Aston Martin's historic workshops in Buckinghamshire will be protected as the rest of the site is redeveloped.
The Aston Martin Vanquish was built at Newport Pagnell
The buildings in Tickford Street, in Newport Pagnell, date back 190 years.
The luxury car maker ceased production there in July, after 50 years on the site, when the last Vanquish model rolled out of its factory.
Spring Urban Regeneration, which is buying the site, said it will preserve the board room and other key buildings, including the landmark weather vane.
Aston Martin has welcomed the developer's ideas to create a museum.
Frank Grimley, Aston Martin's general manager of the site, said: "This is a fantastic location steeped in production history and maintaining its heritage is of paramount importance.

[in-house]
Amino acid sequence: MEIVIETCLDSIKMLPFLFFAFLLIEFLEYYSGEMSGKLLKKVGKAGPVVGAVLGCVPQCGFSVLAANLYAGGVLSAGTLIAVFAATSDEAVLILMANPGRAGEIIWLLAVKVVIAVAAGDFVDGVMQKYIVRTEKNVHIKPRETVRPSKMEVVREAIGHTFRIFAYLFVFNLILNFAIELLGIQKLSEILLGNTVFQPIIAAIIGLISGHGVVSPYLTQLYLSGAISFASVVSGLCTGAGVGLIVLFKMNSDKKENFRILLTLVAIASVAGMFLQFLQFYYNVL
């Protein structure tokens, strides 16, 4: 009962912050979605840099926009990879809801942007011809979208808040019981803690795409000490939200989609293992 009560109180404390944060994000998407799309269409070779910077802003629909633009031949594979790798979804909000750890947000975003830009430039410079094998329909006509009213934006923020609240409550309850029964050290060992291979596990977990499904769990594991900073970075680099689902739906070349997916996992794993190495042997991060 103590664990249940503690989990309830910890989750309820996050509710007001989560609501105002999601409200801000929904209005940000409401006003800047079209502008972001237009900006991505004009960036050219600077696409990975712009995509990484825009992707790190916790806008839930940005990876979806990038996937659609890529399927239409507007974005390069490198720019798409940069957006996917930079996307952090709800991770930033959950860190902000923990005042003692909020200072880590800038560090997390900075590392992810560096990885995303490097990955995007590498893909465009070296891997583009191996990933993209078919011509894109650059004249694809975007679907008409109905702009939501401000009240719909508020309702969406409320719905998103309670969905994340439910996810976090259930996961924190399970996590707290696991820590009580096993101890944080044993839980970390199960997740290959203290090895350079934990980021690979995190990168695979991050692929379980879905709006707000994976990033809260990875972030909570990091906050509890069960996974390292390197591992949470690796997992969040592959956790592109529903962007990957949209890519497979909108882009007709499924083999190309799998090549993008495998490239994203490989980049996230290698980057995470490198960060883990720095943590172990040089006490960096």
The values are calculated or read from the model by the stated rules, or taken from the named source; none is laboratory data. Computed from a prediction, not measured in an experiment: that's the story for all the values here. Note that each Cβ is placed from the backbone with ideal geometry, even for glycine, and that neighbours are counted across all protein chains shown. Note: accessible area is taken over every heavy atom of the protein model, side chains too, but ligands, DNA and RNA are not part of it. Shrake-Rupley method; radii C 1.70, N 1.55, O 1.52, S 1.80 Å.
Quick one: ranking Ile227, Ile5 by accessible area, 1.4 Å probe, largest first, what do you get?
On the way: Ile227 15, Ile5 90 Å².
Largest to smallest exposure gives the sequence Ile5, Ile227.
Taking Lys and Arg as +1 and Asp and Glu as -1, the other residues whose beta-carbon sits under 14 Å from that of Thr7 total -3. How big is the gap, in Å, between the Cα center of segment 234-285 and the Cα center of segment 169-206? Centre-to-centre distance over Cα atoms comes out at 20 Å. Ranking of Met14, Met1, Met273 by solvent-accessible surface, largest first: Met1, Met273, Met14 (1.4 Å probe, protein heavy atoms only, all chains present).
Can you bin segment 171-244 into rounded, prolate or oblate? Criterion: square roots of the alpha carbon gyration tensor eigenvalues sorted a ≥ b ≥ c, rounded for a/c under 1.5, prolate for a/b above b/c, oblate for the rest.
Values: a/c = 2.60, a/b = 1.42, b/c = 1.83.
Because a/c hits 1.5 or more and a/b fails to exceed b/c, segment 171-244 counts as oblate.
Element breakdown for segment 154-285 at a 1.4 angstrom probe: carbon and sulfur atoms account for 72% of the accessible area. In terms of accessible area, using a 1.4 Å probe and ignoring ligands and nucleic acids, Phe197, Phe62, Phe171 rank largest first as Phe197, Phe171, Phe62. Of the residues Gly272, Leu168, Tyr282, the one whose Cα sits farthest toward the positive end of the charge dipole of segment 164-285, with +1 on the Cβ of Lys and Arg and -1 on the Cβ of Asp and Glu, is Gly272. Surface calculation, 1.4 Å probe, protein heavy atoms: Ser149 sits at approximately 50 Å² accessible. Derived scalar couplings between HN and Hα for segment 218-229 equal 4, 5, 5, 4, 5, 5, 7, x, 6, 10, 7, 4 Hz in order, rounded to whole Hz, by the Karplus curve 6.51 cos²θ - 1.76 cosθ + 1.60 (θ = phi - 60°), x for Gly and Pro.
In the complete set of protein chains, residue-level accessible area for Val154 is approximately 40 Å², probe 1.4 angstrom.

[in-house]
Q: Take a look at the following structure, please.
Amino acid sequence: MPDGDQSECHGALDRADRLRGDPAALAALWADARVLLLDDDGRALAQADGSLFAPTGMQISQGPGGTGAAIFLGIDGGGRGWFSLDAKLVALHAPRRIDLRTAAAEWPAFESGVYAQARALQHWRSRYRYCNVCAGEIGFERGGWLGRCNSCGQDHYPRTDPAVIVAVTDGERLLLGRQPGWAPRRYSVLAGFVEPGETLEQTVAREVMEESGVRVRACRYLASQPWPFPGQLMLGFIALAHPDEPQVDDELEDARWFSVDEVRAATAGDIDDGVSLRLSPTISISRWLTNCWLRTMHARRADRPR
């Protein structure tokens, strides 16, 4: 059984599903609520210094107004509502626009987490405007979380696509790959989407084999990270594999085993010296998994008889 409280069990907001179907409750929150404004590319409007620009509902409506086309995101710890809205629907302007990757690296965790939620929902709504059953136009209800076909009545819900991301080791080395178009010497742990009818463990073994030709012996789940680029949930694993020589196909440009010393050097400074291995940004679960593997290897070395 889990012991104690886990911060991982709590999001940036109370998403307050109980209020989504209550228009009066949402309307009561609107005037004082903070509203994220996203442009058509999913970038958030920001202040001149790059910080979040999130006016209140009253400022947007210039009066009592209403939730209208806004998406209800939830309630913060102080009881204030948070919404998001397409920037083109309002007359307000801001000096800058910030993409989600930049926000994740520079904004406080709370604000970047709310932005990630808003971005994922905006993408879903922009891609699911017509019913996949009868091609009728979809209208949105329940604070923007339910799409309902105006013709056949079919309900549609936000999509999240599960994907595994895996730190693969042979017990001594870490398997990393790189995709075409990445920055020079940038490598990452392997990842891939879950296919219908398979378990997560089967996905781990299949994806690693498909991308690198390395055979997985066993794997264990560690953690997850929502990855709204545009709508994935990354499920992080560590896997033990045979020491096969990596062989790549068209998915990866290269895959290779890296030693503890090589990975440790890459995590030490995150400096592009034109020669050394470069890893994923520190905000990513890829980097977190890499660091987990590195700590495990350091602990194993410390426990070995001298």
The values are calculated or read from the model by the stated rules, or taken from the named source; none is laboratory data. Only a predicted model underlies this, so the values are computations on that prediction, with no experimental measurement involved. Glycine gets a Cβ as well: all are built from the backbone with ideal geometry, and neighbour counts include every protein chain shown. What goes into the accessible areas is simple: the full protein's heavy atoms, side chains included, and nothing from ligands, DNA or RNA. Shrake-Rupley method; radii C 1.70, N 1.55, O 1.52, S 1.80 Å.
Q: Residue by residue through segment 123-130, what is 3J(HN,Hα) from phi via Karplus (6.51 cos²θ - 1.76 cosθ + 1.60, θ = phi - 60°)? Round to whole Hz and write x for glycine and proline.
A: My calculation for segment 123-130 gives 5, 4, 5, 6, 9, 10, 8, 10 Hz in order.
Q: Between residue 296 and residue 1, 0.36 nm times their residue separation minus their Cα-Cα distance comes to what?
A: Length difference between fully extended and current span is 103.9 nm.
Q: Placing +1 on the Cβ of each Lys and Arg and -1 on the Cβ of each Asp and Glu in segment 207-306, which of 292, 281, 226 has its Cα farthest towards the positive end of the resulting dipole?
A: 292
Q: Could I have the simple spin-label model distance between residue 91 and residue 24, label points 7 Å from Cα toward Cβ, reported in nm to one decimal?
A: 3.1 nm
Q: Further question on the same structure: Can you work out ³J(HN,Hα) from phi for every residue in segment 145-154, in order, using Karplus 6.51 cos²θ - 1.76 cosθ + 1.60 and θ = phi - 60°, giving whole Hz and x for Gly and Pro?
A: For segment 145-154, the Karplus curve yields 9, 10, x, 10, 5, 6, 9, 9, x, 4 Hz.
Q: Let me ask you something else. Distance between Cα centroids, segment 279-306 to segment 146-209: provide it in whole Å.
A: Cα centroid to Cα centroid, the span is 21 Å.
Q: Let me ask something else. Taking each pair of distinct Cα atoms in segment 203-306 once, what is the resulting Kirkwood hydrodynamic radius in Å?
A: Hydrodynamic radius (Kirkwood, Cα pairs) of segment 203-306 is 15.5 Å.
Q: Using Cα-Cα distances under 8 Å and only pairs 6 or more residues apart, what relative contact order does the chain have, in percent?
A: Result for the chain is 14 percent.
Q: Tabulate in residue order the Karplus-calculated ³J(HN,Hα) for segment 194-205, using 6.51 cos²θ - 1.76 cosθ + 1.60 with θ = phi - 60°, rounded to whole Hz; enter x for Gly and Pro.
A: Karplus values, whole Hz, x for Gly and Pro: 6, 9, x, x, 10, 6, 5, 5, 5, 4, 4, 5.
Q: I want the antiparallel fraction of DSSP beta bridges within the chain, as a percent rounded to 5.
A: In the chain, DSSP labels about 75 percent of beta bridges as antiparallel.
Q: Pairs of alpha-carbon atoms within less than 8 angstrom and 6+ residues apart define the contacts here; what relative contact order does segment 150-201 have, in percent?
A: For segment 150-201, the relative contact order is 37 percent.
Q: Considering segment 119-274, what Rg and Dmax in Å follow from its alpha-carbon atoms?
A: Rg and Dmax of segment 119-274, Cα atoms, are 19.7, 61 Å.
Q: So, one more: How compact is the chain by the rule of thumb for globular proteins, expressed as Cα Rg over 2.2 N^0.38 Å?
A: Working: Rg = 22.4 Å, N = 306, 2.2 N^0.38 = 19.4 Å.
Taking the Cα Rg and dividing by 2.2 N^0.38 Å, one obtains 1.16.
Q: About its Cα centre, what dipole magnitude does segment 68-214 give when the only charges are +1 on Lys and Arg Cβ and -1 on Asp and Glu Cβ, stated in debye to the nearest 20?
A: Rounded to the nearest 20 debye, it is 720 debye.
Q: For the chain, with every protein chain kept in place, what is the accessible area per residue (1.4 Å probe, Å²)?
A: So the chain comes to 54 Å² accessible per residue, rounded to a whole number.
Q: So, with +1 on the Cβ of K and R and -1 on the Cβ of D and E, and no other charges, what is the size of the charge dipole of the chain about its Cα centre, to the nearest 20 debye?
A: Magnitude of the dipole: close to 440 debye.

"We are delighted to have found a buyer that will ensure the preservation and re-use of buildings that played such a notable role in our motoring past.
"It will be fascinating for people to be able to live and work on such a significant site."
The site was founded in the 1820s when Salmons and Sons began making carriages and carts.
Aston Martin moved to the factory in 1954 when the then parent firm David Brown bought the site.
Castlemore Securities, which owns Spring, takes ownership of the property on 1 November and will build homes and commercial premises.
Andy Wilkins, managing director of Spring, said: "The history here is just amazing.
"To be able to retain and redevelop the very buildings that were used for years as production facilities by Salmons and Sons, and the boardroom by Aston Martin, is one of many exciting prospects for the team."